skip to content

In November 2013 Professor Sir John Baker was awarded the Sutherland Prize of the American Society for Legal History. The prize, which is awarded annually, is for the best article on English legal history published in the previous year. The winning article was "Deeds Speak Louder Than Words: Covenants and the Law of Proof, 1290-1321" in Laws, Lawyers and Texts: Studies in Medieval Legal History in Honour of Paul Brand, ed. Susanne Jenks, Jonathan Rose and Christopher Whittick (2012). Sir John has also been elected an Honorary Bencher of Gray's Inn, putting him in the unusual position of being a bencher of two inns (he is also Honorary Bencher of the Inner Temple).

In June 2013 Dr Kirsty Hughes was awarded the Wedderburn Prize (jointly with Jo Braithwaite, LSE), awarded by the Modern Law Review. Her article "A behavioural understanding of privacy and its implications for privacy law" M.L.R. 2012, 75(5), 806-836 presents a theory of privacy based on the behavioural approach of social interaction theory.  The Wedderburn Prize is named in honour of Lord Wedderburn of Charlton, who served as General Editor of the Review from 1971 to 1988. It is awarded annually for a contribution to that year's volume which in the opinion of the Editorial Committee is exemplary of the type of scholarship that The Modern Law Review aims to promote. In awarding this Prize, the Committee pays particular attention to the work of authors who are at a relatively early stage of their careers.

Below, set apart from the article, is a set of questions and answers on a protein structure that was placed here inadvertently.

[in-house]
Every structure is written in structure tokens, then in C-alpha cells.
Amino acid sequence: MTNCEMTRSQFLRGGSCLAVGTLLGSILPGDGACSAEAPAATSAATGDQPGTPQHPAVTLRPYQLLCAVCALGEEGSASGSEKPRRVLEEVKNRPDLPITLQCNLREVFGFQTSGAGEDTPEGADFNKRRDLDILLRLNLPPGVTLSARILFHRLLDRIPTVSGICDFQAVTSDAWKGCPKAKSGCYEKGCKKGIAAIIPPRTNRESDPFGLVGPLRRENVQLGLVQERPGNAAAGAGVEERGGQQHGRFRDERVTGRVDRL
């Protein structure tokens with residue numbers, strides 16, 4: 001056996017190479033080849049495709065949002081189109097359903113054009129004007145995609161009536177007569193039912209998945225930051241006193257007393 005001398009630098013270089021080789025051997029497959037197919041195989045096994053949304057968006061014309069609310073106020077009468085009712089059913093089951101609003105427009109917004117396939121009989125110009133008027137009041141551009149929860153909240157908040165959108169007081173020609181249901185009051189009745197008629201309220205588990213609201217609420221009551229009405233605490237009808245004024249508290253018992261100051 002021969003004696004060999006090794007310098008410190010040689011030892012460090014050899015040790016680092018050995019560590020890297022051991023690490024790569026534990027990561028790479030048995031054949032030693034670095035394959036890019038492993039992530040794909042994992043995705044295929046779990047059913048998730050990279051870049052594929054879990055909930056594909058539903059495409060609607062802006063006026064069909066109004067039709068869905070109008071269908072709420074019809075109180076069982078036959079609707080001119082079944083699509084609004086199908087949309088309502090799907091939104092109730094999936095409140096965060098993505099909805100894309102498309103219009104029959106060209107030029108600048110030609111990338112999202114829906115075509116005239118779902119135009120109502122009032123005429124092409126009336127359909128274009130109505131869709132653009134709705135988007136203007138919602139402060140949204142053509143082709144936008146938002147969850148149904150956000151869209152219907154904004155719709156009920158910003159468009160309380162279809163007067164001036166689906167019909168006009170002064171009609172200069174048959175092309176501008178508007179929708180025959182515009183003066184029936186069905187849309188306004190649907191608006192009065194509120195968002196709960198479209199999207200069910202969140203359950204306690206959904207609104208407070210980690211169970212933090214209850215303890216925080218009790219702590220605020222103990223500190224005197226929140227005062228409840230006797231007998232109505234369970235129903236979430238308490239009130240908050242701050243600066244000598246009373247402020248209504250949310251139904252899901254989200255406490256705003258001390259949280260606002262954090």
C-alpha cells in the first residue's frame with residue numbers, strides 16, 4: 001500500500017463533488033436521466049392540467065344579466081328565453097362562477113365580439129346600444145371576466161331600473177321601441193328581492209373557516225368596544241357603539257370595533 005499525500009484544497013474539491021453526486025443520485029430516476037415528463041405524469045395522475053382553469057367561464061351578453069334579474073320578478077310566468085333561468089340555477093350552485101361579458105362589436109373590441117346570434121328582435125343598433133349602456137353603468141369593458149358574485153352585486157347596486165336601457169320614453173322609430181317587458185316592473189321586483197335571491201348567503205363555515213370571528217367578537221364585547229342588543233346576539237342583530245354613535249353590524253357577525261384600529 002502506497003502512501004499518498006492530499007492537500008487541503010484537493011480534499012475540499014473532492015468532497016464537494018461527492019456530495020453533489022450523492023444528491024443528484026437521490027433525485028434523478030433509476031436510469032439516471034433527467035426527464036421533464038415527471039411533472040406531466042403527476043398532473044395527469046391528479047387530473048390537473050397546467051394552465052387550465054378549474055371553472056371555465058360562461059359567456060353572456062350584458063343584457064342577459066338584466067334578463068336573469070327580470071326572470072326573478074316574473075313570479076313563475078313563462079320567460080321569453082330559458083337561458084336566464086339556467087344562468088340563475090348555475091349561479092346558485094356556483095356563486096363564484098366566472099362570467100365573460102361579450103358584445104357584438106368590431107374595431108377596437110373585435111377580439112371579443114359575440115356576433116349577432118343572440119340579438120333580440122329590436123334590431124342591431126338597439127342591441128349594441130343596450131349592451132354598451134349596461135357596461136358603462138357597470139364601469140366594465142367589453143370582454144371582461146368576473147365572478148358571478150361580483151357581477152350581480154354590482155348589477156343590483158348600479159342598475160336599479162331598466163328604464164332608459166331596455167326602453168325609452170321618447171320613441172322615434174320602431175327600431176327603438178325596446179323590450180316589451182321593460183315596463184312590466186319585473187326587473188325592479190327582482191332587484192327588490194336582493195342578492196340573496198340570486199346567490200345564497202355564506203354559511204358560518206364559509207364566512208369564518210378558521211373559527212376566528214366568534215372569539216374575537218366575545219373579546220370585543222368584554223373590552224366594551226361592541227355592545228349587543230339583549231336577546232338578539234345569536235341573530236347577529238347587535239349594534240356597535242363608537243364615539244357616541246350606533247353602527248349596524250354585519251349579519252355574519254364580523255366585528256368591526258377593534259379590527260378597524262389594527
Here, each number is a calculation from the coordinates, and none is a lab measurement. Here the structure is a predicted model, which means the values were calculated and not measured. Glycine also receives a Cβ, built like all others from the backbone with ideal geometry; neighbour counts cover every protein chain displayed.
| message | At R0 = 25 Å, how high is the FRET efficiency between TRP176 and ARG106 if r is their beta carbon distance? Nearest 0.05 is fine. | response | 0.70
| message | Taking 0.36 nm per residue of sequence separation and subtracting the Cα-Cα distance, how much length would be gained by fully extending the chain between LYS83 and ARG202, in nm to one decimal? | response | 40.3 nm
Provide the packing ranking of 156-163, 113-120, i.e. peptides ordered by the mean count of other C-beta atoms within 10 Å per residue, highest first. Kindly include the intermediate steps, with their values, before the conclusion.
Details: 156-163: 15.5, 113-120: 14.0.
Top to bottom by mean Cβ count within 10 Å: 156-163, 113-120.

Two articles co-written by SJ Berwin Professor of Corporate Law Brian Cheffins were been included in the Corporate Practice Commentator's list of the ten best corporate and securities articles of 2012. The list was compiled on the basis of a survey of teachers in corporate and securities law. The two articles were "Delaware's Balancing Act", which was published in the Indiana Law Journal, and "Delaware Corporate Litigation and the Fragmentation of the Plaintiffs' Bar", which was published in the Columbia Business Law Review. Both were co-authored with John Armour of the Oxford Law Faculty and Bernard Black of Northwestern Law School. The articles were part of a larger project investigating the impact of changing litigation patterns on Delaware's position as the pre-eminent jurisdiction of incorporation in the United States.